Web Security: Apache and mod_ssl

by Paul Weinstein

First published: June 2001 for Daemon News.
Republished July 6th edition of Apache Week

As we covered in our last article, SSL/TLS (Secure Socket Layer/Transport Layer Security) are the protocols used to add encryption and authentication to TCP/IP and HTTP. Now comes the next step, adding SSL/TLS to an installed web server to take advantage of SSL/TLS. In this article we'll cover the most popular open source method; Adding mod_ssl to Apache.

The mod_ssl module takes advantage of Apache's modular setup to interface Apache with the open source, public-key infrastructure tool kit, OpenSSL. This is currently the most popular method for adding support for SSL/TLS to Apache with roughly 12% of all Apache installations running mod_ssl. The module fully integrates into Apache 1.3.x using the Extended API (EAPI) and can be loaded as a Dynamic Shared Object (DSO) for memory conservation while inactive. Commercial implementations of secured Apache such as Covalent's Raven solution or Red Hat's Secure Web Server and Stronghold, also rely on mod_ssl and OpenSSL.

Some of the features that mod_ssl brings to Apache via OpenSSL include, but are not limited to:

  • Support for SSL v2 and v3

  • Support for TLS v1

  • Advanced pass-phrase handling for private keys

  • X.509 based client & server authentication

  • X.509 Certification Revocation List

  • Support for Hardware Crypto Devices

  • Support for RSA and DSA/DH ciphers

  • Boolean-expression based access control

  • Backward compatibility to other SSL Solutions (Apache-SSL, Stronghold, etc.)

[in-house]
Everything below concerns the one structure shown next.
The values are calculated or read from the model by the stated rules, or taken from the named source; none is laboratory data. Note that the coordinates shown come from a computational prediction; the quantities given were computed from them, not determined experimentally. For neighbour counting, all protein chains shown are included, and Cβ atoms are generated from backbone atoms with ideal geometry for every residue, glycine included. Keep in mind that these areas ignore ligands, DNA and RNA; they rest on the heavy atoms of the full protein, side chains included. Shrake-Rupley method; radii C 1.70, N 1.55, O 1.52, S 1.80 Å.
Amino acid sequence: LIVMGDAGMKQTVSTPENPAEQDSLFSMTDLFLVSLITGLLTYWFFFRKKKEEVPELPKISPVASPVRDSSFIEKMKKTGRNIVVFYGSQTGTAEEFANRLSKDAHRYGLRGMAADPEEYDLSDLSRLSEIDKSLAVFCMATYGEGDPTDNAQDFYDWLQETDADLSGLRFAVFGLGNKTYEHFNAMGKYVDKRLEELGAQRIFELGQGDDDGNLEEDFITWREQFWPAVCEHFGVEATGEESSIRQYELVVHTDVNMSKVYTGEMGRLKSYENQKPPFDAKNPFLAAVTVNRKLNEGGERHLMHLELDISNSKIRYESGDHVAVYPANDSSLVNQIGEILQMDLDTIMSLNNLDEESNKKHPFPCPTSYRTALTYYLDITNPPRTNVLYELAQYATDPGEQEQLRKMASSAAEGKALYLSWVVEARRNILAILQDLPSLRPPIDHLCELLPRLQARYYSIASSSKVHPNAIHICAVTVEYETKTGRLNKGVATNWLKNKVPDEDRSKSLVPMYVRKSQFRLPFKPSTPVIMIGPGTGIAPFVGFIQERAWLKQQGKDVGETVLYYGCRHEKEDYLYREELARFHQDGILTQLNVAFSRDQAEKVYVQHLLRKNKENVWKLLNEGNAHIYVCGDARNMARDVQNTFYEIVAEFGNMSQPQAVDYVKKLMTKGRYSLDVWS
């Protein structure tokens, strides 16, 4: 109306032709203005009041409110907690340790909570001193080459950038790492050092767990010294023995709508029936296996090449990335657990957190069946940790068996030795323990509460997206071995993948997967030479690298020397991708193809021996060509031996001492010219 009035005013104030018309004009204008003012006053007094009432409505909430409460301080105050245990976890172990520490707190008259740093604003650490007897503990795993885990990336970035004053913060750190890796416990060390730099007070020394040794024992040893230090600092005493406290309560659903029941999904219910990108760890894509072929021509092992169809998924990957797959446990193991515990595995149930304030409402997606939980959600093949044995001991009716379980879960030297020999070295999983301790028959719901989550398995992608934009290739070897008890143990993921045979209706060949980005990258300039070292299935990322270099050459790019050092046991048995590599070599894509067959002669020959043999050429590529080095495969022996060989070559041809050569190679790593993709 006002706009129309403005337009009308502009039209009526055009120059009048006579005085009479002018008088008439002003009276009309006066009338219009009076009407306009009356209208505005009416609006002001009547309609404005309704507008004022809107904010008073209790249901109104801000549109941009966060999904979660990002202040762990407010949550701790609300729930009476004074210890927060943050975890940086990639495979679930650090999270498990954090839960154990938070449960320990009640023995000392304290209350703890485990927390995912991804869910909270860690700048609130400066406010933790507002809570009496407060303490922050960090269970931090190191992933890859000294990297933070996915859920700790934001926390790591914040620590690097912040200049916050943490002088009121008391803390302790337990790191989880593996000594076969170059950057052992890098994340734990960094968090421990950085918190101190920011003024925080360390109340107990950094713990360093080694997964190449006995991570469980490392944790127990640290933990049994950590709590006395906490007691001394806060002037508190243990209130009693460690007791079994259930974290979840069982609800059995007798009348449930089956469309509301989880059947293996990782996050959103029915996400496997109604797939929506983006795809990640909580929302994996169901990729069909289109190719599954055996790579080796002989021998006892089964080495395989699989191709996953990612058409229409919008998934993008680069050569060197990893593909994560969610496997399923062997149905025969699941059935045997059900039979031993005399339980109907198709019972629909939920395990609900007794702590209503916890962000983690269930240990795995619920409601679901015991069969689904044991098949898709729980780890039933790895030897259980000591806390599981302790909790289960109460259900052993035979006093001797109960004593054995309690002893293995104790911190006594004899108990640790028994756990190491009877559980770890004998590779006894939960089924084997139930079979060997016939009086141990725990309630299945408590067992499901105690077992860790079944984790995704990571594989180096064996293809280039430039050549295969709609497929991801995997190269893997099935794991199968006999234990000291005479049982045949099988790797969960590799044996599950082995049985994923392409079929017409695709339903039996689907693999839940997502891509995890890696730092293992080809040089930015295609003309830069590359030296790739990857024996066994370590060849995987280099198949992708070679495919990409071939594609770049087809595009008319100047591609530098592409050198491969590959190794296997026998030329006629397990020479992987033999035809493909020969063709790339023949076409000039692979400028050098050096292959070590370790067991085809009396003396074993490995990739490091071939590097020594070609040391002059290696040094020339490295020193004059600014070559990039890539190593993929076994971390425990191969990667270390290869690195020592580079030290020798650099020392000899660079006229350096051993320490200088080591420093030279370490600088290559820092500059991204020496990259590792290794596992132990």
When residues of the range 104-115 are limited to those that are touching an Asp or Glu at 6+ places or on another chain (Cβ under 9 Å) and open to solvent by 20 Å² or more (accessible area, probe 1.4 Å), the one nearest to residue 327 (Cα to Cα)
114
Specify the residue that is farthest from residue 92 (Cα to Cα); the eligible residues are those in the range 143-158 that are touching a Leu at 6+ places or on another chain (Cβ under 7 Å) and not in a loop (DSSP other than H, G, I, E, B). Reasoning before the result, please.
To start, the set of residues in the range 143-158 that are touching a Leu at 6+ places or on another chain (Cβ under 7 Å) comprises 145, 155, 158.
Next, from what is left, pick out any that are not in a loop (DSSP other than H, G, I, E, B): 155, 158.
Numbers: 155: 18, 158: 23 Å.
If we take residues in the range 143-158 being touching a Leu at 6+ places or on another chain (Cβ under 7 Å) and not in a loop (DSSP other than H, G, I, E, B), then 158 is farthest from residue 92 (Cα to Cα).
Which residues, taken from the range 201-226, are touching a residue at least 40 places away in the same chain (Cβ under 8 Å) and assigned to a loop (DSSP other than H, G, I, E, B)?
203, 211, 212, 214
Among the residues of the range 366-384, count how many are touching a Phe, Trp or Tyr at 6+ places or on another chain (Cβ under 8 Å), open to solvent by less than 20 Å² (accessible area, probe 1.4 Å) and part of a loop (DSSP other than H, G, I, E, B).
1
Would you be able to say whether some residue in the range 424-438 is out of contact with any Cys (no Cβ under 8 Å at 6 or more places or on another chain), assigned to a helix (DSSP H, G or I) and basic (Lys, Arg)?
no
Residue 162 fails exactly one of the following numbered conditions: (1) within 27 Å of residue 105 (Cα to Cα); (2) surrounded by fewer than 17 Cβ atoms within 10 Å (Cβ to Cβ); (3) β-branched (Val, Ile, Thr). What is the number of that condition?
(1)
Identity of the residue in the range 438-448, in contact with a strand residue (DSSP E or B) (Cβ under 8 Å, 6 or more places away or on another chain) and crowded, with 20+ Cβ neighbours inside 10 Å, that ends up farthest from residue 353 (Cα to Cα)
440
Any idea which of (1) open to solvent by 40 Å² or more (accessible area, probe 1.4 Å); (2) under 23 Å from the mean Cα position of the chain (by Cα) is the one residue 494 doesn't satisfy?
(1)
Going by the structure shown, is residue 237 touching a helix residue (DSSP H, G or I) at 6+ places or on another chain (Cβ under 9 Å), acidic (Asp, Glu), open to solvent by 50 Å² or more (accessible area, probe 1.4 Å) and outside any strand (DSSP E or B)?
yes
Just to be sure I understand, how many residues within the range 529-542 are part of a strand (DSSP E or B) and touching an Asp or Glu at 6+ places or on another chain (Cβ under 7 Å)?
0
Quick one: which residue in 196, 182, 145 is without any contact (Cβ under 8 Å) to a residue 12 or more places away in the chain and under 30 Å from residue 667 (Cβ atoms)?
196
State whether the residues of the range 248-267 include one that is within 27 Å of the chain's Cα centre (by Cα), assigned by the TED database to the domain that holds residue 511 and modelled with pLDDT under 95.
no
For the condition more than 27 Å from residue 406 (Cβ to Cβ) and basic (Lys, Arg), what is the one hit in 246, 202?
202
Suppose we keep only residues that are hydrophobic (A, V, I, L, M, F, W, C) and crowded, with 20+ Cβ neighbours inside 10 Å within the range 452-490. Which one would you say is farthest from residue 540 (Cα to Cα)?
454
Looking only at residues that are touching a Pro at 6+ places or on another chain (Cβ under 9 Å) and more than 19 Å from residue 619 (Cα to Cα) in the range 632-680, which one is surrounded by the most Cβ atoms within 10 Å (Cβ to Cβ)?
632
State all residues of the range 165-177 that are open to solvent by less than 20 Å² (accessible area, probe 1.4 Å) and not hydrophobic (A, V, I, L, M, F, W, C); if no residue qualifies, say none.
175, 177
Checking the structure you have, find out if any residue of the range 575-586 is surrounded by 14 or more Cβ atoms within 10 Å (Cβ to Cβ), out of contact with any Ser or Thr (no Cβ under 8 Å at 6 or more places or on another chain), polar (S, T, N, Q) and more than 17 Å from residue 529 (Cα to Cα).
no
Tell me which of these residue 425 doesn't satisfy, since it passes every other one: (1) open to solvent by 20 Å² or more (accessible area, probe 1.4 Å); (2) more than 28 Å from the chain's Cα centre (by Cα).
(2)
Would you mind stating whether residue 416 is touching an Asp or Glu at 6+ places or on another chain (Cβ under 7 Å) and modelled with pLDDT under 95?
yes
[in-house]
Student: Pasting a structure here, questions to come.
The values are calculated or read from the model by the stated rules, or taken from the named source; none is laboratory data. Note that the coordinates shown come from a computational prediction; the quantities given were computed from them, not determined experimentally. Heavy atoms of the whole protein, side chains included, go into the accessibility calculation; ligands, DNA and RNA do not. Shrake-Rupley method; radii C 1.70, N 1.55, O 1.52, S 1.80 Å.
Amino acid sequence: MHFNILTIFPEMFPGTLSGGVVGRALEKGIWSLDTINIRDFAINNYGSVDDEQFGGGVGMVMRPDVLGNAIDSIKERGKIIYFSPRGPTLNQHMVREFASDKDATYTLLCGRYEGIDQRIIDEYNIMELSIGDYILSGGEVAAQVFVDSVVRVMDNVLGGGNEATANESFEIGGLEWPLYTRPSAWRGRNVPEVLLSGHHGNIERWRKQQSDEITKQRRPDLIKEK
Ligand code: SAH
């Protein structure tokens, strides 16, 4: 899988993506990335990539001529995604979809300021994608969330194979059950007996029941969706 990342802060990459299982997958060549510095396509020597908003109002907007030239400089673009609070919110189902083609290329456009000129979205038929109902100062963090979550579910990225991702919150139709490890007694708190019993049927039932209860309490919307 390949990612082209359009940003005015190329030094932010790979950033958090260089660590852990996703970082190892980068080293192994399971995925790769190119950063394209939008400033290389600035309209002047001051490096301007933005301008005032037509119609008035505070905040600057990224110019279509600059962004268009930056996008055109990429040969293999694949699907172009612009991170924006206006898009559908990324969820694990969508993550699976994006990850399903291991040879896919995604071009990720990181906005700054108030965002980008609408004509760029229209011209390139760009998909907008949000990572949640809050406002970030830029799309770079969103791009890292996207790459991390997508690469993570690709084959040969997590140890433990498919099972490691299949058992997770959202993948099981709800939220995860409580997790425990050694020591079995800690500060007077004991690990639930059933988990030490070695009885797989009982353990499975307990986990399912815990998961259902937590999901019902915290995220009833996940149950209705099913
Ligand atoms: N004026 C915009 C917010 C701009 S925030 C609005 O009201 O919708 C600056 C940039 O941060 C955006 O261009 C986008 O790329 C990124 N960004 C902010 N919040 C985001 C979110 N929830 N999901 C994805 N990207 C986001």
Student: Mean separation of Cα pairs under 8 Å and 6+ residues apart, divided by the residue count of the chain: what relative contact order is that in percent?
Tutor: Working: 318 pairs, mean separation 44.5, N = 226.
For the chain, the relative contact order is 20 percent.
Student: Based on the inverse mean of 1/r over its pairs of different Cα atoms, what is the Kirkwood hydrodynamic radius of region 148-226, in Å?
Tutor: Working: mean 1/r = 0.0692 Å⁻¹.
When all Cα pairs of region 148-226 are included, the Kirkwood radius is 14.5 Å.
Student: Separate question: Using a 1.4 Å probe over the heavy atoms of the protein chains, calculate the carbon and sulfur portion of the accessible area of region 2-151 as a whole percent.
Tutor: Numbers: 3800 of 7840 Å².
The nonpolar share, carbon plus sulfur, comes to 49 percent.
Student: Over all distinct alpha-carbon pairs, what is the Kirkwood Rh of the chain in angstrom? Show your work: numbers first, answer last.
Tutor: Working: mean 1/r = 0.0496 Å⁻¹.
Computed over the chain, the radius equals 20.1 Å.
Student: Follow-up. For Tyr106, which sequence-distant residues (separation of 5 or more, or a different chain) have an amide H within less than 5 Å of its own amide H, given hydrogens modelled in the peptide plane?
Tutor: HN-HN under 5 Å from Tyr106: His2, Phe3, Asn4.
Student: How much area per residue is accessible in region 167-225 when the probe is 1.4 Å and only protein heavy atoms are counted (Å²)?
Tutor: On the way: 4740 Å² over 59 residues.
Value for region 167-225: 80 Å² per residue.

• Inter-process SSL Session Cache

  • Powerful dedicated SSL engine logging facility

  • Assistance in X.503 certificate generation

The following general method will build and add mod_ssl to Apache. These steps, shown on a FreeBSD 4.2-STABLE machine, will, of course, vary depending on what OS you are using and how it is configured.

First, grab the latest source trees via your favorite method. As of this writing the current versions are:

  • Apache v1.3.19

  • mod_ssl v2.8.2

  • OpenSSL v0.9.6a

Next, you can proceed to:

gunzip openssl-0.9.6a.tar.gz
	tar xf openssl-0.9.6a.tar
	cd openssl-0.9.6a

	su 

	./config -prefix=/usr/local/openssl-0.9.6a
	make
	make test
	make install

	cd ..
	gunzip apache_1.3.19.tar.gz
	tar xf apache_1.3.19.tar
	gunzip mod_ssl-2.8.2-1.3.19.tar.gz
	tar xf mod_ssl-2.8.2-1.3.19.tar
	cd mod_ssl-2.8.2-1.3.19

	./configure --with-apache=../apache_1.3.19 \
		--with_ssl=/usr/local/openssl-0.9.6a \
		--prefix=/usr/local/apache-1.3.19-ssl
	cd ../apache_1.3.19
	SSL_BASE=/usr/local/openssl-0.9.6a ./configure --prefix=/usr/local/apache-1.3.19-ssl \
        	--enable-module=ssl
	make
	make certificate
	SSL Certificate Generation Utility (mkcert.sh)
	Copyright (c) 1998-2000 Ralf S. Engelschall, All Rights Reserved.

	Generating test certificate signed by Snake Oil CA [TEST]
	WARNING: Do not use this for real-life/production systems
	______________________________________________________________________

	STEP 0: Decide the signature algorithm used for certificate
	The generated X.509 CA certificate can contain either
	RSA or DSA based ingredients. Select the one you want to use.
	Signature Algorithm ((R)SA or (D)SA) [R]:
	______________________________________________________________________
	
	STEP 1: Generating RSA private key (1024 bit) [server.key]
	2273813 semi-random bytes loaded
	Generating RSA private key, 1024 bit long modulus
	...........................++++++
	...........++++++
	e is 65537 (0x10001)
	______________________________________________________________________
	
	STEP 2: Generating X.509 certificate signing request [server.csr]
	Using configuration from .mkcert.cfg
	You are about to be asked to enter information that will be incorporated
	into your certificate request.
	What you are about to enter is what is called a Distinguished Name or a DN.
	There are quite a few fields but you can leave some blank
	For some fields there will be a default value,
	If you enter '.', the field will be left blank.
	-----
	1. Country Name             (2 letter code) [XY]:US
	2. State or Province Name   (full name)     [Snake Desert]:California
	3. Locality Name            (eg, city)      [Snake Town]:Oakland
	4. Organization Name        (eg, company)   [Snake Oil, Ltd]:Weinstein.org
	5. Organizational Unit Name (eg, section)   [Webserver Team]: